Navigation: Return to: Seth Finkelstein - EFF 2001 Pioneer Award or Anticensorware Investigations
I write to nominate Seth Finkelstein for an EFF Pioneer Award. Seth may be contacted by email to <sethf[at-sign]sethf.com> or phone [SF: redacted]
As you may be aware, I am the Executive Director of Electronic Frontiers Australia Inc (since May 2000). I have been engaged in free speech activism since a few months after acquiring Net access in April 1995 and have been a member of the EFA Board since February 1996 (other than during the Oct 96/97 year).
I submit this nomination in a personal capacity as I wish to refer to my personal knowledge of Seth's contributions, which includes information provided to me on a confidential basis (and made known to the EFF Awards Committee last year).
Since at least 1995 Seth has been active in raising the level of public awareness about the dangers of censorware and rating/labelling schemes to freedom of communication, thereby arming many others around the world with information of great assistance in the fight against government mandated use of these products.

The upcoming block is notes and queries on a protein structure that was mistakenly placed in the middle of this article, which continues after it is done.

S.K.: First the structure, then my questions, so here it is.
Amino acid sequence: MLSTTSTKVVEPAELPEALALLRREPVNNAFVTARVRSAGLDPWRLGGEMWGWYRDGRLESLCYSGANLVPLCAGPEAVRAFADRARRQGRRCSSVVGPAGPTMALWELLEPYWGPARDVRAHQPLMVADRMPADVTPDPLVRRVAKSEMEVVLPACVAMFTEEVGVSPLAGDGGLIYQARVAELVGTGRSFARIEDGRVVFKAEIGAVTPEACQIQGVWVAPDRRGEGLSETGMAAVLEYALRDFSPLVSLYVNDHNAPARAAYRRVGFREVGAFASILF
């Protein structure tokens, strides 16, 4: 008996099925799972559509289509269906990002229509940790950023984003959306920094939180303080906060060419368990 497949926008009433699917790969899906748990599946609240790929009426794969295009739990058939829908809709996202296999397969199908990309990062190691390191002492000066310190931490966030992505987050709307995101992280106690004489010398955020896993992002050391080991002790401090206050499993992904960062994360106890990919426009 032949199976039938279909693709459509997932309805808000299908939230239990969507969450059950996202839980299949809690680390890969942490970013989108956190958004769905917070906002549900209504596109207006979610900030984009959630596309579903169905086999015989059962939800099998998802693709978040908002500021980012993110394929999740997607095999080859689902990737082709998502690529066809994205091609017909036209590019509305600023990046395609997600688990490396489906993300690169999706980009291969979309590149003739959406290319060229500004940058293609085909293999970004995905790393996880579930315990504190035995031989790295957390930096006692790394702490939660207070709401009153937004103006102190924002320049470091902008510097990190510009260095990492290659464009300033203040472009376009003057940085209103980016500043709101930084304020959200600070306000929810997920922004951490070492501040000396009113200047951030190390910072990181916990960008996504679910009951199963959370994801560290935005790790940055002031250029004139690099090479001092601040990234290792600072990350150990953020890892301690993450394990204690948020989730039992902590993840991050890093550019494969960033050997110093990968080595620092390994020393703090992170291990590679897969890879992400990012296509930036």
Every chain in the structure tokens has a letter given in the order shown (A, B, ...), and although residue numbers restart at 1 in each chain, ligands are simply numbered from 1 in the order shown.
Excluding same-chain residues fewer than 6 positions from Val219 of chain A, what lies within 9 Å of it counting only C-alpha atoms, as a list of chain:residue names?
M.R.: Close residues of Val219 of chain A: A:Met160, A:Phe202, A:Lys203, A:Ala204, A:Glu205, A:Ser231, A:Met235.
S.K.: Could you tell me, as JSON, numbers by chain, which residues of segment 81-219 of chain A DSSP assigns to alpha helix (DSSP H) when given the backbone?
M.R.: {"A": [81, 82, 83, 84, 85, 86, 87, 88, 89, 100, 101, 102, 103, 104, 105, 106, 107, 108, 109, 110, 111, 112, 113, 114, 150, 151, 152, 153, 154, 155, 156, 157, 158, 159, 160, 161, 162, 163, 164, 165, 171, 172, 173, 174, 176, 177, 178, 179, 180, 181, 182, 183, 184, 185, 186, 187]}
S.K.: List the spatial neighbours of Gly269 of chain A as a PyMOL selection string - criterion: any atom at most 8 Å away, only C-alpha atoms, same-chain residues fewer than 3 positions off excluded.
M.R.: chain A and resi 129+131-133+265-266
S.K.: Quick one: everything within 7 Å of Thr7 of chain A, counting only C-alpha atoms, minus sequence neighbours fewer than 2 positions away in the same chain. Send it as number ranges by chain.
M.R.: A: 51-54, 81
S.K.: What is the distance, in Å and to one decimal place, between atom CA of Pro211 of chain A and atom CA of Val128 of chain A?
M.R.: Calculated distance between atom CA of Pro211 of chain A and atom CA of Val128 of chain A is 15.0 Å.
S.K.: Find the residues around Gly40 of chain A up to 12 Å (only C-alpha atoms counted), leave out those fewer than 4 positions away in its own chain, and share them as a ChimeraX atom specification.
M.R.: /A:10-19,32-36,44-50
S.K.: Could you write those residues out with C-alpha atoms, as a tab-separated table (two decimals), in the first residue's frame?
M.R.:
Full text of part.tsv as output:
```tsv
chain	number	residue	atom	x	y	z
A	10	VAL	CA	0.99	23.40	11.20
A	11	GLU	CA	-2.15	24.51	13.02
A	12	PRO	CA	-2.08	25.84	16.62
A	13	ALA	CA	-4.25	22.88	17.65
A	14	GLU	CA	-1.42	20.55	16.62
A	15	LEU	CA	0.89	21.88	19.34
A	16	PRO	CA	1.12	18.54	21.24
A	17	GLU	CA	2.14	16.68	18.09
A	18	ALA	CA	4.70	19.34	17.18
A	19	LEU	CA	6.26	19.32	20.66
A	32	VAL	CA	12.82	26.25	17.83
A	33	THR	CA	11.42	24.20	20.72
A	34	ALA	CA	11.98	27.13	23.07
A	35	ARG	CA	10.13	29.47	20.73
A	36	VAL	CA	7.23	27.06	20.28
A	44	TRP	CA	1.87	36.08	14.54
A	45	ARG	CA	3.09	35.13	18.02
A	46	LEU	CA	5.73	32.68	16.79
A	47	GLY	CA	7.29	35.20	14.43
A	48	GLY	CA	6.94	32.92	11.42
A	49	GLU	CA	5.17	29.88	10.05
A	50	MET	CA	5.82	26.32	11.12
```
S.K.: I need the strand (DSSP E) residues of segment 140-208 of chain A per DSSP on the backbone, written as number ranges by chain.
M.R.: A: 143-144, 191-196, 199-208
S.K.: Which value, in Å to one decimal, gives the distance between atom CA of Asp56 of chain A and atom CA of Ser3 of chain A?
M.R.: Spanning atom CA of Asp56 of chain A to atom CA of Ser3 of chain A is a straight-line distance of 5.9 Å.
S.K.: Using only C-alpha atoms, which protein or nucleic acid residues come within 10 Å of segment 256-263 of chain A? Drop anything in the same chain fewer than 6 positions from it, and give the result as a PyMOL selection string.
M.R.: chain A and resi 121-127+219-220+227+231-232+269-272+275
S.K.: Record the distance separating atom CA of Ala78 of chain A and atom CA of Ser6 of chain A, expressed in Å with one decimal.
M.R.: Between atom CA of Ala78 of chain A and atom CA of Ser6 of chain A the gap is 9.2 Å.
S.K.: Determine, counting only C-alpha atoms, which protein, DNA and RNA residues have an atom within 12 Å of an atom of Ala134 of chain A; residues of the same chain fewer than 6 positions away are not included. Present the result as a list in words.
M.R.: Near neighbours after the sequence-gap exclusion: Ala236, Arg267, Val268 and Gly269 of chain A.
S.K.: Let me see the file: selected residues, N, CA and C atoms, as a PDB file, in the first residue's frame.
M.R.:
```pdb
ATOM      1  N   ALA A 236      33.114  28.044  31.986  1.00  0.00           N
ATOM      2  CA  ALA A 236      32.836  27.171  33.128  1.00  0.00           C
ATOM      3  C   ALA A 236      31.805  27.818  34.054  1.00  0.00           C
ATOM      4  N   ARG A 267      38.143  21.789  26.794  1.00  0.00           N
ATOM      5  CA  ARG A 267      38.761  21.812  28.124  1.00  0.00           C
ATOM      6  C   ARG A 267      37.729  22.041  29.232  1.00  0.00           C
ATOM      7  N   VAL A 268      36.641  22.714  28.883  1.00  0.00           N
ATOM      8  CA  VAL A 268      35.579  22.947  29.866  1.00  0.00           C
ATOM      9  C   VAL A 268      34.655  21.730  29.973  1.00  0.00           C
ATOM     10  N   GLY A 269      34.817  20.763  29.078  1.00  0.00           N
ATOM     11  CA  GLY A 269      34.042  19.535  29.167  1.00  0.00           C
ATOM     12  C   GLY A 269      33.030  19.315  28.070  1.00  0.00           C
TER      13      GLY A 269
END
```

Seth's activities have involved both technical and educational work.
I understand that EFF is already aware of Seth's technical work as early as 1996, having been advised by a person who nominated Seth last year that the nomination contained such information. I've also observed that the EFF Statement about HR4577 of 22 Dec 2000 recognises that Seth was "the programmer principally responsible for the investigation of X-Stop filtering software and its flaws, vital to the landmark Mainstream Loudon victory". I therefore refer the Awards Committee to previously received information rather than repeating it herein.
Seth has since continued his technical work, for example, see the following
- "SmartFilter's Greatest Evils - why censorware must blacklist privacy, anonymity, and translators"
- "SmartFilter - I've Got A Little List - Why SmartFilter's blacklist cannot be human-reviewed, and the legal risks of anticensorware investigations"
Seth's technical work has been very helpful to opponents of censorship globally, not only those in the USA. As you may be aware, in 1999 the Australian Government introduced a Bill which, briefly, required ISPs to implement technical means to block adults' access to (uncertain) content on the Net. The Minister for Communications, Information Technology and The Arts made statements such as:
"I've had a couple of new technology companies comes to see me in
recent days and it really opens your eyes. One of them are using what is
called eye filter. It's based on an American technology where they have